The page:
Canadian dollar slides against rallying greenback

Mon Sep 8, 2008 5:40pm EDT
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 * Canadian dollar dips 0.1 percent as greenback rallies
 * Bond prices mixed on U.S. mortgage insurer bailout
 By John McCrank
 TORONTO, Sept 8 (Reuters) - The Canadian dollar dipped
against the U.S. dollar on Monday as renewed confidence in the
U.S. financial sector following the U.S. government's takeover
of the two biggest U.S. mortgage finance companies convinced
investors to buy the greenback.
 Canadian bond prices were mixed as investors considered the
implications of the bailout of Freddie Mac FRE.N and Fannie
Mae FNM.N.
 The Canadian dollar ended the North American session at
C$1.0647 to the U.S. dollar, or 93.92 U.S. cents, down from
C$1.0633 to the U.S. dollar, or 94.05 U.S. cents, at Friday's
 The currency spent the session in a wide range of C$1.0551
to the U.S. dollar, or 94.78 U.S. cents, to C$1.0715, or 93.33
U.S. cents.
 Freddie Mac and Fannie Mae own or guarantee half of all
outstanding U.S. mortgage debt, and the government bailout gave
the market confidence that even if the worst of the U.S.
housing crisis was not over, it would be contained.
 The Canadian dollar initially held its own against the
rallying greenback. But as the U.S. dollar strengthened,
commodity prices, which investors had been buying into for a
lack of better alternatives, fell and the Canadian dollar came
off with them.
 Canada is a major exporter of many key commodities and its
currency is often influenced by the direction of their prices.
 Commodity prices and moves in the greenback will remain the
main drivers of the Canadian dollar over the short term, said
David Bradley, director of foreign exchange trading at Scotia
 "If this (U.S.) dollar rally continues, then the Canadian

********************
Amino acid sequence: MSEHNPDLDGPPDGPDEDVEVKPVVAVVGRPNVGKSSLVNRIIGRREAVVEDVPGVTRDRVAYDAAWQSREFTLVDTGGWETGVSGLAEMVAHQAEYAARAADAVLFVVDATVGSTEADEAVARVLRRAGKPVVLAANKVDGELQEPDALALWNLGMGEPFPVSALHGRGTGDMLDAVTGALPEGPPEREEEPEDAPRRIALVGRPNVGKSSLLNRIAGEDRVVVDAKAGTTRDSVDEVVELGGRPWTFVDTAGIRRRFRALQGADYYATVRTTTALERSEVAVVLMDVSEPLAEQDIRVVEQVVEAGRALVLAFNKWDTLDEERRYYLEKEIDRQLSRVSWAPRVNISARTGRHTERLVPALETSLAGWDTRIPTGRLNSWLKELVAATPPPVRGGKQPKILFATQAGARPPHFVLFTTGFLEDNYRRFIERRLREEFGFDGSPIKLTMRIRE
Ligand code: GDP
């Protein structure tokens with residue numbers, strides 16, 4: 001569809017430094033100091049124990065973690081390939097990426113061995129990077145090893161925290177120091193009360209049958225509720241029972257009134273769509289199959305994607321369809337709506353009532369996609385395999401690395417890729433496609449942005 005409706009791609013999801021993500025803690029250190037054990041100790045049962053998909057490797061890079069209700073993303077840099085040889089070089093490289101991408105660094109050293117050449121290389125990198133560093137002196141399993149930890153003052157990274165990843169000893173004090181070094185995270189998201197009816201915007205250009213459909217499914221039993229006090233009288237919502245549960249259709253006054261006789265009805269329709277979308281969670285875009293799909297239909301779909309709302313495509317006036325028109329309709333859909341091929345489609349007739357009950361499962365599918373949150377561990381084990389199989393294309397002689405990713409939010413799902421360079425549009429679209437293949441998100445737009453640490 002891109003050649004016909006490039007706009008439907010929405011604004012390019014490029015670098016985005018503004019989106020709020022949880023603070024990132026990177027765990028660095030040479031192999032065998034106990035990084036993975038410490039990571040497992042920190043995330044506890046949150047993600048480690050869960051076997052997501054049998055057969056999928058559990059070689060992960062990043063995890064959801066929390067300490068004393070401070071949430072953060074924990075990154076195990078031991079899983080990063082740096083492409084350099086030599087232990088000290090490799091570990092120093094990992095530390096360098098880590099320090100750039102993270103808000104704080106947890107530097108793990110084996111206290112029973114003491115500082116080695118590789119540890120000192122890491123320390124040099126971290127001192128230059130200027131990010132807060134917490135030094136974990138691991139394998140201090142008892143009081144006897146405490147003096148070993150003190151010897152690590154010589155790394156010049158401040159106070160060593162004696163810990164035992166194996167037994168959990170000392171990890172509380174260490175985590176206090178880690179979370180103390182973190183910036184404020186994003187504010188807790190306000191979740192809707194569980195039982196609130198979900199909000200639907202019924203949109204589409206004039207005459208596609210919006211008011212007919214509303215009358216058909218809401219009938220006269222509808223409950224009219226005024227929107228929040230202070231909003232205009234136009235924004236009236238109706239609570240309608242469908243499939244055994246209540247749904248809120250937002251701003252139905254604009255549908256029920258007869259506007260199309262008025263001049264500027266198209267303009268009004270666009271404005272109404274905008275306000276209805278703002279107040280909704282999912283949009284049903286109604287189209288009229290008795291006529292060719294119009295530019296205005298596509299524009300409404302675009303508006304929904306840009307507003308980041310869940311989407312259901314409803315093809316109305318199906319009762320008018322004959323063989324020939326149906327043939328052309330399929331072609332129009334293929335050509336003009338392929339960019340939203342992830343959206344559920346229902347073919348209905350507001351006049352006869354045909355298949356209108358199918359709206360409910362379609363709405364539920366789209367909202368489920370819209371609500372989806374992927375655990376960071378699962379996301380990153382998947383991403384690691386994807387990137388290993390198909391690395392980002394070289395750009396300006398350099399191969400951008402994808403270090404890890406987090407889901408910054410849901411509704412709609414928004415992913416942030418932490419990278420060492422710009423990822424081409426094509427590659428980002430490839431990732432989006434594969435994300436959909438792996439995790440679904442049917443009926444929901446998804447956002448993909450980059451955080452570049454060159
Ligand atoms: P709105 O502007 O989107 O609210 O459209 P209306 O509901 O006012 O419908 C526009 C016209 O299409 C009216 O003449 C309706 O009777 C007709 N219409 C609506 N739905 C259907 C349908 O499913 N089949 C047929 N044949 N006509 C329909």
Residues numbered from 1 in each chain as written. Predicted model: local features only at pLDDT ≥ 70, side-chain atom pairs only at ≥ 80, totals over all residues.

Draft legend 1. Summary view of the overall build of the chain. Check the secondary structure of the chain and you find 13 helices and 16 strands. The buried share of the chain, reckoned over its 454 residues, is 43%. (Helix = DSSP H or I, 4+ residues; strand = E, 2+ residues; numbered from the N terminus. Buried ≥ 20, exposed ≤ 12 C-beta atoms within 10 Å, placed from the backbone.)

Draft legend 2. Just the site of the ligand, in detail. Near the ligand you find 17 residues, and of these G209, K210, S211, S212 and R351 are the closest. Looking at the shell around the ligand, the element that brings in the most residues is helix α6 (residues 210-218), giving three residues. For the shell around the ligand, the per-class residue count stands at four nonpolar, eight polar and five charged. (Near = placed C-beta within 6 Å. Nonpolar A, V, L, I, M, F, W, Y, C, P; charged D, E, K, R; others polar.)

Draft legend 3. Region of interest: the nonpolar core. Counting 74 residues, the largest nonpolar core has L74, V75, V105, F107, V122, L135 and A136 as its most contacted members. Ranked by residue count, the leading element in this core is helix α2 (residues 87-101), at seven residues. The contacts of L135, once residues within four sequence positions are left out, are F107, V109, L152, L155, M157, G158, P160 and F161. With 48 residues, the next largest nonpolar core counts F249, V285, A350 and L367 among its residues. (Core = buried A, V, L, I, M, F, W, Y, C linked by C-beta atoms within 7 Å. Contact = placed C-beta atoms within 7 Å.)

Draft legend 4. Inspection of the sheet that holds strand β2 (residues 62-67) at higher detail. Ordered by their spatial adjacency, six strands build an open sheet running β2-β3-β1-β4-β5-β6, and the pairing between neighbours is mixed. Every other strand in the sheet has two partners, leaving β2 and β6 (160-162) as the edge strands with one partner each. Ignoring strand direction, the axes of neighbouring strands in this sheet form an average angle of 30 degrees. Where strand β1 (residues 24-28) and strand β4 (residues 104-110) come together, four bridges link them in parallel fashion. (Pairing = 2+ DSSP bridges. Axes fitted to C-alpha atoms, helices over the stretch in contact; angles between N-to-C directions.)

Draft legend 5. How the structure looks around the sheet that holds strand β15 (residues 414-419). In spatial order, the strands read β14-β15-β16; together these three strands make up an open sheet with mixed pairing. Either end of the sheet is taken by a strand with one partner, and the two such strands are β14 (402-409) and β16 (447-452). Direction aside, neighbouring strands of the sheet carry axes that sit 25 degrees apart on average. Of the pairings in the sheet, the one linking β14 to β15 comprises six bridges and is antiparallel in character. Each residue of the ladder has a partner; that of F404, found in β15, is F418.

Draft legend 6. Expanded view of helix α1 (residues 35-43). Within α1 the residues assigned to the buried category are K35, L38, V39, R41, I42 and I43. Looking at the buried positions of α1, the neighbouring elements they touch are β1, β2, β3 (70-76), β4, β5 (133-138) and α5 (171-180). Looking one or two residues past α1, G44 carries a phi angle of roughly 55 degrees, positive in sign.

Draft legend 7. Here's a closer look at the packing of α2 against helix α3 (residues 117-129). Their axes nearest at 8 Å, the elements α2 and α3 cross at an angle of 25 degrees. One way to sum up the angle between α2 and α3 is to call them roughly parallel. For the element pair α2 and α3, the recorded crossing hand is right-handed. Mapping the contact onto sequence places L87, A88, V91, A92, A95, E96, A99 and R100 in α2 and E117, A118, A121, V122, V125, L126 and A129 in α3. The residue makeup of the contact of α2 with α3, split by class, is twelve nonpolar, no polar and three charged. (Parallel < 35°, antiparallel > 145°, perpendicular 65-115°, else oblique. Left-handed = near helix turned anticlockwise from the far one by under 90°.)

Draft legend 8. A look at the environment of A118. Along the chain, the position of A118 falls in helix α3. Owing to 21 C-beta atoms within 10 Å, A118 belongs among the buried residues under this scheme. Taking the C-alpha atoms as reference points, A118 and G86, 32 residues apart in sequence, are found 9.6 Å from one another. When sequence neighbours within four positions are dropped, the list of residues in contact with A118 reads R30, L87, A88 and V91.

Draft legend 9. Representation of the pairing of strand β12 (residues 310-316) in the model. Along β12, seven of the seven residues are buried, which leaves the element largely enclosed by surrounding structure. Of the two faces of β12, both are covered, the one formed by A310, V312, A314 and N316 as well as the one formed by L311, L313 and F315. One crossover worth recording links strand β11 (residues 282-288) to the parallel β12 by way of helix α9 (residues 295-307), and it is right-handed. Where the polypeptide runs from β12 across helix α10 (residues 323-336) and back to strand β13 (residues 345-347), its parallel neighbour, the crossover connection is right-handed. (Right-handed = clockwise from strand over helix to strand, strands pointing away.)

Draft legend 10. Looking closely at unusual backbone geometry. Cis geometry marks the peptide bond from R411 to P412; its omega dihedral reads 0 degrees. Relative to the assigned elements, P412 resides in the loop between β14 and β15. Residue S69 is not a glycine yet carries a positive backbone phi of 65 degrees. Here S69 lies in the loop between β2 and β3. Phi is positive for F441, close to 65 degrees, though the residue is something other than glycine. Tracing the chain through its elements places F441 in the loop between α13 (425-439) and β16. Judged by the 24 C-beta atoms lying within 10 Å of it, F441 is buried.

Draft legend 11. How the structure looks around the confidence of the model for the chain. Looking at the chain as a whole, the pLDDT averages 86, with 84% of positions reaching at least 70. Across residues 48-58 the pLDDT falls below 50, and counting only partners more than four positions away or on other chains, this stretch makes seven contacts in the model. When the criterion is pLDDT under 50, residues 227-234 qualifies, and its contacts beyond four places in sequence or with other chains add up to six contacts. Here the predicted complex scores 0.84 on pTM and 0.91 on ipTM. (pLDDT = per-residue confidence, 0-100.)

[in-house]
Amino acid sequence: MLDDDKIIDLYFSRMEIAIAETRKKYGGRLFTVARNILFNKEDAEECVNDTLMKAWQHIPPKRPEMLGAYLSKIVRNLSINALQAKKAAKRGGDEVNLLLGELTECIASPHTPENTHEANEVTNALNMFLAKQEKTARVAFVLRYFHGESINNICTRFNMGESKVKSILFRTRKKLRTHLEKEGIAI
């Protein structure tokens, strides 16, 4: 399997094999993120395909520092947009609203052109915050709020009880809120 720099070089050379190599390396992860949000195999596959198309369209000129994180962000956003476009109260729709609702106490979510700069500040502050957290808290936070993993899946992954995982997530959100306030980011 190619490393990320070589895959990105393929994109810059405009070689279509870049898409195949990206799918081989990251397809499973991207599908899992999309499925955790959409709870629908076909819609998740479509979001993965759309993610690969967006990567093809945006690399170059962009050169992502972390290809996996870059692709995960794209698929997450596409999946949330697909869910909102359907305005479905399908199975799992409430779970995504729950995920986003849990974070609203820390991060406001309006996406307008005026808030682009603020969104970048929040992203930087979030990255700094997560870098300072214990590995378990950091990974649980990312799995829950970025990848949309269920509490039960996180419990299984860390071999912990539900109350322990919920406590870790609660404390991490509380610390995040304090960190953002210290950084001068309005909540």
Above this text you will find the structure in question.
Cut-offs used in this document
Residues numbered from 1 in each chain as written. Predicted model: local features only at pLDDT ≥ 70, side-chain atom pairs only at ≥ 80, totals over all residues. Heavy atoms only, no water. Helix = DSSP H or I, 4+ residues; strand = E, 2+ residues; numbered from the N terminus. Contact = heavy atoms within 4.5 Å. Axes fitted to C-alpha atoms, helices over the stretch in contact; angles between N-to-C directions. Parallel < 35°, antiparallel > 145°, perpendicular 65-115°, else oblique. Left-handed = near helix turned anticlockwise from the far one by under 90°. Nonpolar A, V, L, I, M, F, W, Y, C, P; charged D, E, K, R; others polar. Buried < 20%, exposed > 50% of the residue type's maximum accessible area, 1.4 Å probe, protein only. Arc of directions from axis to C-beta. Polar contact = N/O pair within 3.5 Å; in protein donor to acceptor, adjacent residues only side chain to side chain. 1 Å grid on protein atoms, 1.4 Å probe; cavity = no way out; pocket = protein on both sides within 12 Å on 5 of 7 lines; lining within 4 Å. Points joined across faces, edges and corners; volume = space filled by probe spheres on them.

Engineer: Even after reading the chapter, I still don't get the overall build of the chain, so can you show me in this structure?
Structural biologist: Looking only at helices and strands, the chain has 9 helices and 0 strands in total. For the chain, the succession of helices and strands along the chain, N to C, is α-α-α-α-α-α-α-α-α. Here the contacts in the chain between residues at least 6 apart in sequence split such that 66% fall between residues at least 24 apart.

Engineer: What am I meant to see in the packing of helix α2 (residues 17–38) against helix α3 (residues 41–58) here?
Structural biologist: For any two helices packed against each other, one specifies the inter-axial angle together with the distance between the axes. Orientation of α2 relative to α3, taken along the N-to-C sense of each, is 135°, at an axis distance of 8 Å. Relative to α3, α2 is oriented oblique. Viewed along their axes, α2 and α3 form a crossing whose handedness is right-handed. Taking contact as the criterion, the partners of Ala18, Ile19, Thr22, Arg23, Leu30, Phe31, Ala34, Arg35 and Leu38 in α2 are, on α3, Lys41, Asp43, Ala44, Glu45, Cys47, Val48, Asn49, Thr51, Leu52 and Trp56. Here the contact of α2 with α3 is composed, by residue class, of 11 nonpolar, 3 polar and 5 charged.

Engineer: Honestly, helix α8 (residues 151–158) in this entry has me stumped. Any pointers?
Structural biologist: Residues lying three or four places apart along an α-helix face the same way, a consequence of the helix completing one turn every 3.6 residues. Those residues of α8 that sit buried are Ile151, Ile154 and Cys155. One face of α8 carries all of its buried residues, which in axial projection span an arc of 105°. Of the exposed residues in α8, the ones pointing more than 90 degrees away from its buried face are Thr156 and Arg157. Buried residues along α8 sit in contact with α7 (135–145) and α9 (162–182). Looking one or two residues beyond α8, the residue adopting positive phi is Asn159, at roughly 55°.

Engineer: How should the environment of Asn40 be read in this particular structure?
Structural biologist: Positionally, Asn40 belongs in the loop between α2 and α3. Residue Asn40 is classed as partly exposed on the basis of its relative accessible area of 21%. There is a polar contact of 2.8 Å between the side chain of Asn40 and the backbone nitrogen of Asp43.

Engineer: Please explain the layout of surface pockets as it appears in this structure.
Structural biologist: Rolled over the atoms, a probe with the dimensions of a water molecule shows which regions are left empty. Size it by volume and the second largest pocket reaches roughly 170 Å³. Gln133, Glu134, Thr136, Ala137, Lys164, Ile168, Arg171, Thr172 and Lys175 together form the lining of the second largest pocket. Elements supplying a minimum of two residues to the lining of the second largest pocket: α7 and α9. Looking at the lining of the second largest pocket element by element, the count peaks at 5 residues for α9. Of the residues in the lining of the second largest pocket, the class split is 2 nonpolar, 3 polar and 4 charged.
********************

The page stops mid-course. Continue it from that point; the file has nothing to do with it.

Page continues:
dollar is going to come under more pressure and it's very
possible that we see levels towards the C$1.0750-C$1.0780
area," Bradley said.
 The news was not all bad for the Canadian dollar as it rose
against most of the other major currencies, including the euro
and the British pound.
 A report that Canadian building permits rose 1.8 percent in
July from June and beat estimates for a decline of 2 percent
was largely ignored by the currency market.
 Canadian bond prices were mixed as investors considered the
implications of what the buyout of Freddie Mac and Fannie Mae
would mean for the U.S. market.
 "The Fed is going to have to be twice as cautious about
hiking rates in the future because suddenly the government has
a vested interest in Fannie and Freddie and keeping mortgage
rates low and keeping home owners away from foreclosures and so
on," said Eric Lascelles, chief economics and rates strategist
at TD Securities.
 The two-year bond was up 1 Canadian cent at C$100.03 to
yield 2.738 percent, while the 10-year slid 7 Canadian cents to
C$106.23 to yield 3.488 percent.
 The yield spread between the two-year and 10-year bond was
73.3 basis points, down from 76.0 basis points at the previous
 The 30-year bond rose 16 Canadian cents to C$118.01 for a
yield of 3.946 percent. In the United States, the 30-year
Treasury yielded 4.280 percent.
 The three-month when-issued T-bill yielded 2.42 percent, up
from 2.40 percent at the previous close.
 (Reporting by John McCrank; Editing by Peter Galloway)